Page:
Gov't debt steady at NIS 544b. in H1

In the relevant foreign currencies, the value of Israel’s external debt actually fell roughly 2%.

October 10, 2005 21:37
2 minute read.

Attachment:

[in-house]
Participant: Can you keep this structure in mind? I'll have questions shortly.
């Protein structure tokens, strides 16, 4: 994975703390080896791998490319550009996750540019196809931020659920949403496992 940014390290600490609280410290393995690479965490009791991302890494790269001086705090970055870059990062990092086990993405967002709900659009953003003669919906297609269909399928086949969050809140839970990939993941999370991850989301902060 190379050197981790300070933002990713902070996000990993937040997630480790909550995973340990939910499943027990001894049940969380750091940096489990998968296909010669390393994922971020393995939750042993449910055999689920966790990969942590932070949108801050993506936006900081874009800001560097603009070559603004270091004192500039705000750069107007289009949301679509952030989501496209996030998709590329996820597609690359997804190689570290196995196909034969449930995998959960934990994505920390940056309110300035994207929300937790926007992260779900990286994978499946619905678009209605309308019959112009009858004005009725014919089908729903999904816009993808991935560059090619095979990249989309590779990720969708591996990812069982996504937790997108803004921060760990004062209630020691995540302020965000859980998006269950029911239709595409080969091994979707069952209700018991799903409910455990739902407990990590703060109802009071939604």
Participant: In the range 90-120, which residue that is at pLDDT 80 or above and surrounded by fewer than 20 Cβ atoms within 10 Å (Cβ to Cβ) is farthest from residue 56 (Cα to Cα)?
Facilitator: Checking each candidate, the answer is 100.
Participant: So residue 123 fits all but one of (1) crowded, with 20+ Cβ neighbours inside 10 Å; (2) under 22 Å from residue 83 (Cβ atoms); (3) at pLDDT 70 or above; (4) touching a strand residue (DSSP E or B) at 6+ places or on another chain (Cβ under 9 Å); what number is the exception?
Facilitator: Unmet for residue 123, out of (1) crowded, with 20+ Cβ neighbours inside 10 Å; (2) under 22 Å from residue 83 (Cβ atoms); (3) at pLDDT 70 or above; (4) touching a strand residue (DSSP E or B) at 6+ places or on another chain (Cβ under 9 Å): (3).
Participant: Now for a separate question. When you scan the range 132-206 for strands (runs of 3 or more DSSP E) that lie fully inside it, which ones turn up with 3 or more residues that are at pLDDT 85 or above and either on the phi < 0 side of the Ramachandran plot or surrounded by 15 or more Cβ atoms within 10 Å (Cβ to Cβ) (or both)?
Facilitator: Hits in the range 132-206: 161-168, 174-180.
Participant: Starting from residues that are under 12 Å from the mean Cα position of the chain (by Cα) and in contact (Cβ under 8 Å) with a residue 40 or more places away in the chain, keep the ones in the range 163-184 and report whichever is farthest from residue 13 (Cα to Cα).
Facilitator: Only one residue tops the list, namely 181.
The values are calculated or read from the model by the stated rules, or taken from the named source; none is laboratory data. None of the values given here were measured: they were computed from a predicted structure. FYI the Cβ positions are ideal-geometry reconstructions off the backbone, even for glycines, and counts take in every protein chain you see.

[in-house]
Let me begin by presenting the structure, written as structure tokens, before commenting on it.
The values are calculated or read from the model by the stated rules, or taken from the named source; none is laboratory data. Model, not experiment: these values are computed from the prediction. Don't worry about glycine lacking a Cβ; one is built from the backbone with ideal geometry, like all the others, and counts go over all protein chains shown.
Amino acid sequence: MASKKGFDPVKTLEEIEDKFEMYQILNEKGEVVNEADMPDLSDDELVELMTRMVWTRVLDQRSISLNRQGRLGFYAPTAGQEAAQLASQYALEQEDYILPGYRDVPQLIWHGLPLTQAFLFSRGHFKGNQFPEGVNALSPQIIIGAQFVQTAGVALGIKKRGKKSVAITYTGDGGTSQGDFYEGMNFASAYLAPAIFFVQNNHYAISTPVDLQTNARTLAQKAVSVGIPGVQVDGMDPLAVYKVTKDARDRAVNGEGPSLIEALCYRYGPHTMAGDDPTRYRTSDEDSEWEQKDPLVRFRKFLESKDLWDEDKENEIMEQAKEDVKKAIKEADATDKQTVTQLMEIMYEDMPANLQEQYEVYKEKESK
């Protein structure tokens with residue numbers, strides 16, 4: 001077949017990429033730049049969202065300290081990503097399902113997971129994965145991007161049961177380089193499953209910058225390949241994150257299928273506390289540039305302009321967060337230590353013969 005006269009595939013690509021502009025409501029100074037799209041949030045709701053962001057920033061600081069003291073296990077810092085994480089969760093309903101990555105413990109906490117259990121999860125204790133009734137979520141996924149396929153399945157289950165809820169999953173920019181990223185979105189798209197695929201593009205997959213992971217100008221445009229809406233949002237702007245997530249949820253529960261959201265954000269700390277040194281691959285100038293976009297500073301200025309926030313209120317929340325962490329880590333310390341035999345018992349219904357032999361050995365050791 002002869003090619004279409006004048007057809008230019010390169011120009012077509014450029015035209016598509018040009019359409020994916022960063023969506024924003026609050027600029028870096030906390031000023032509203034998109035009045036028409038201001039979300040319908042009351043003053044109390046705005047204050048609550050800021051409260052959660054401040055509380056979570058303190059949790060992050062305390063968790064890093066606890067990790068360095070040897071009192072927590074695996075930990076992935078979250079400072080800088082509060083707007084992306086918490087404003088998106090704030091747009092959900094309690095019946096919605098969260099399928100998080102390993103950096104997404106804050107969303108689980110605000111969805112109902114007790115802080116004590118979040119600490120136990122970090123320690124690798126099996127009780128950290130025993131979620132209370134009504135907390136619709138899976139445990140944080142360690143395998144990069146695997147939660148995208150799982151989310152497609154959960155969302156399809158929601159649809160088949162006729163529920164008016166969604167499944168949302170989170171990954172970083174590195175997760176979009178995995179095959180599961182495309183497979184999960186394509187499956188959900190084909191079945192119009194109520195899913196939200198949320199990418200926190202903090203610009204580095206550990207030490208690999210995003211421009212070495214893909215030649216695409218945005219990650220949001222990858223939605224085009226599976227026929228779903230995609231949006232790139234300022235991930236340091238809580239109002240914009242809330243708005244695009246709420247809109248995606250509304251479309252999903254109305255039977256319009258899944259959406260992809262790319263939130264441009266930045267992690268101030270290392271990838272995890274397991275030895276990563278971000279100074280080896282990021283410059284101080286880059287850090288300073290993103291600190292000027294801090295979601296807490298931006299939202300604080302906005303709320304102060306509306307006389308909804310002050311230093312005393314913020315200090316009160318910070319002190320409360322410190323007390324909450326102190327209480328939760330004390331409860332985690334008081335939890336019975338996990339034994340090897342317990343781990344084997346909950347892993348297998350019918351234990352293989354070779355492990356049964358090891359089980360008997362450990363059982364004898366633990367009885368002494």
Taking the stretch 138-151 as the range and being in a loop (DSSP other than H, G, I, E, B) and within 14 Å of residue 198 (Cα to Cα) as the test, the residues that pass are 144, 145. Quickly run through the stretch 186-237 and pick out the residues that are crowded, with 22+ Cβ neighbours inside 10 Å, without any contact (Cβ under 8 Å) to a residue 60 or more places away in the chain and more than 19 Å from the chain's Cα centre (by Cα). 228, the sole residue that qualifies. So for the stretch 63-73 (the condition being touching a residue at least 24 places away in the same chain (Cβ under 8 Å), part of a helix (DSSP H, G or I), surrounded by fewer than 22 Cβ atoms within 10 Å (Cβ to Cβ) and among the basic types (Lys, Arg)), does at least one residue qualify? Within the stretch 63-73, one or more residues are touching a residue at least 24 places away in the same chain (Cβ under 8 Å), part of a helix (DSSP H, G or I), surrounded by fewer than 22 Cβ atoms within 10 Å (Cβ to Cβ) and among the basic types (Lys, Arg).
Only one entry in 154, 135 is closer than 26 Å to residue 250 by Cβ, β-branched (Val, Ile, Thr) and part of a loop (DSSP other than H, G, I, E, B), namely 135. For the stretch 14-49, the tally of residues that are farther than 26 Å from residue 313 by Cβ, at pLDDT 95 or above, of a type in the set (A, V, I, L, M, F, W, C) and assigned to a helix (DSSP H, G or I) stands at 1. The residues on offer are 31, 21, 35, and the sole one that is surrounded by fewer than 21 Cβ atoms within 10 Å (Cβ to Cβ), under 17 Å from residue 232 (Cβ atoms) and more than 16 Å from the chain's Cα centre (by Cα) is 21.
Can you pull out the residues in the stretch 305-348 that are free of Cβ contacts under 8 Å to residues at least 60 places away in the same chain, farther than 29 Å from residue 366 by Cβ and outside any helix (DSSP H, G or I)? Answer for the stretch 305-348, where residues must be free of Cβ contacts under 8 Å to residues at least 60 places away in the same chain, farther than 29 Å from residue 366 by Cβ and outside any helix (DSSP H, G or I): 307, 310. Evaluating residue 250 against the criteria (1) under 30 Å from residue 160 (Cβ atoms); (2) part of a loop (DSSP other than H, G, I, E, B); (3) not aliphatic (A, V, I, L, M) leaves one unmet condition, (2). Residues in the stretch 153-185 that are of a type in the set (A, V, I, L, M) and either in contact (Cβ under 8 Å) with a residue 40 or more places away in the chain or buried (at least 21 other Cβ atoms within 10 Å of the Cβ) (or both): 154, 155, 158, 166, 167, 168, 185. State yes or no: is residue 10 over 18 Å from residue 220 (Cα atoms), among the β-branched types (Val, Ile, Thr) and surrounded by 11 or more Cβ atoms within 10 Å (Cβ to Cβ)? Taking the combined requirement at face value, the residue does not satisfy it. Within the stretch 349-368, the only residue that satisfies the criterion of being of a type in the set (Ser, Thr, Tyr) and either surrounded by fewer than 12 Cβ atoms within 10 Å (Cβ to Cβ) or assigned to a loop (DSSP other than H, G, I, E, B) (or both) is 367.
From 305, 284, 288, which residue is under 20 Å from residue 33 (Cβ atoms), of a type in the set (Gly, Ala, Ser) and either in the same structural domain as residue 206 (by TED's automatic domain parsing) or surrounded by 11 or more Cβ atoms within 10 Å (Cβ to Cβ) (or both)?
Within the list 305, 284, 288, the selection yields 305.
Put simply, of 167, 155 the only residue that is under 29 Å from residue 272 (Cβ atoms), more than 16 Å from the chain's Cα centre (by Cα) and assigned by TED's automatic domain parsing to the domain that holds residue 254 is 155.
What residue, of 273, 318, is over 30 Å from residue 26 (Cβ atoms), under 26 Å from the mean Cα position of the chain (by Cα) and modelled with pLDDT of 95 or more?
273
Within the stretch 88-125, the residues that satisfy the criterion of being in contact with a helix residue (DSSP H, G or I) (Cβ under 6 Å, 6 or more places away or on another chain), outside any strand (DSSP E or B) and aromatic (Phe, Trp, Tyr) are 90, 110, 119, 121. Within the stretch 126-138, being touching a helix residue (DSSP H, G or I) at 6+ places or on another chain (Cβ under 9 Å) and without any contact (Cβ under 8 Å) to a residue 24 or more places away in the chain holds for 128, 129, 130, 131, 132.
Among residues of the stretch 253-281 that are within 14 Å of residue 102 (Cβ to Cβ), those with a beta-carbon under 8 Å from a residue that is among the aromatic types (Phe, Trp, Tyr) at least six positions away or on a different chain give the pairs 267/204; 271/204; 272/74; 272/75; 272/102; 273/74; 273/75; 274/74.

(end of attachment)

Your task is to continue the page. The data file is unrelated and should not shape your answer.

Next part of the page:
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Israel’s total government debt rose to NIS 544 billion at the end of the first half of the year, but was little changed in real terms since the end of 2004, the Bank of Israel said Sunday. Government debt totaled NIS 539b. at the end of December 2004. The internal shekel debt fell 1 percent in real terms and the external foreign-currency debt expressed in shekels rose roughly 4%, as the shekel weakened against the dollar during the first half of the year. In the relevant foreign currencies, the value of Israel’s external debt actually fell roughly 2%. Reduced government dependence on domestic capital raising following cuts to the deficit made possible by privatizations and a high economic growth rate helped bring down the internal debt, both in absolute terms and in relation to Israel’s gross domestic product. Though the proportion of the total debt to the GDP sank slightly, the debt still equaled 102% of the GDP at the end of June, the same as at the beginning of the year. Israel’s debt had risen against the GDP from 88% in 2000 to 104% in 2003. Although it has fallen somewhat since, the debt-to-GDP ratio is still higher than the average 76% among Organization for Economic Co-operation and Development (OECD) member states and 79% for the European Union. EU member states are required by the Treaty of Maastricht to keep their debt below 60% of GDP, or at least show progress in that direction. A low debt-to-GDP ratio is seen by domestic and foreign investors as one of the most important indices of an economy’s stability, the central bank noted. “The government must continue reducing its deficit in the coming years, until the debt’s burden on the GDP is brought down to internationally accepted levels,” the central bank said, adding that this would help bring down yields, develop the private bonds market, improve Israel’s credit rating, and reduce the cost of fundraising for both the government and the country’s business sector. Noting that Israel spent 6.7% of its GDP on interest payments in the first half of 2005 significantly more than the 1.9% spent by OECD members and 2.9% in the EU the bank stressed that continued efforts to lower the government debt would also bring down interest payments and increase it’s flexibility in setting priorities in the state budget.

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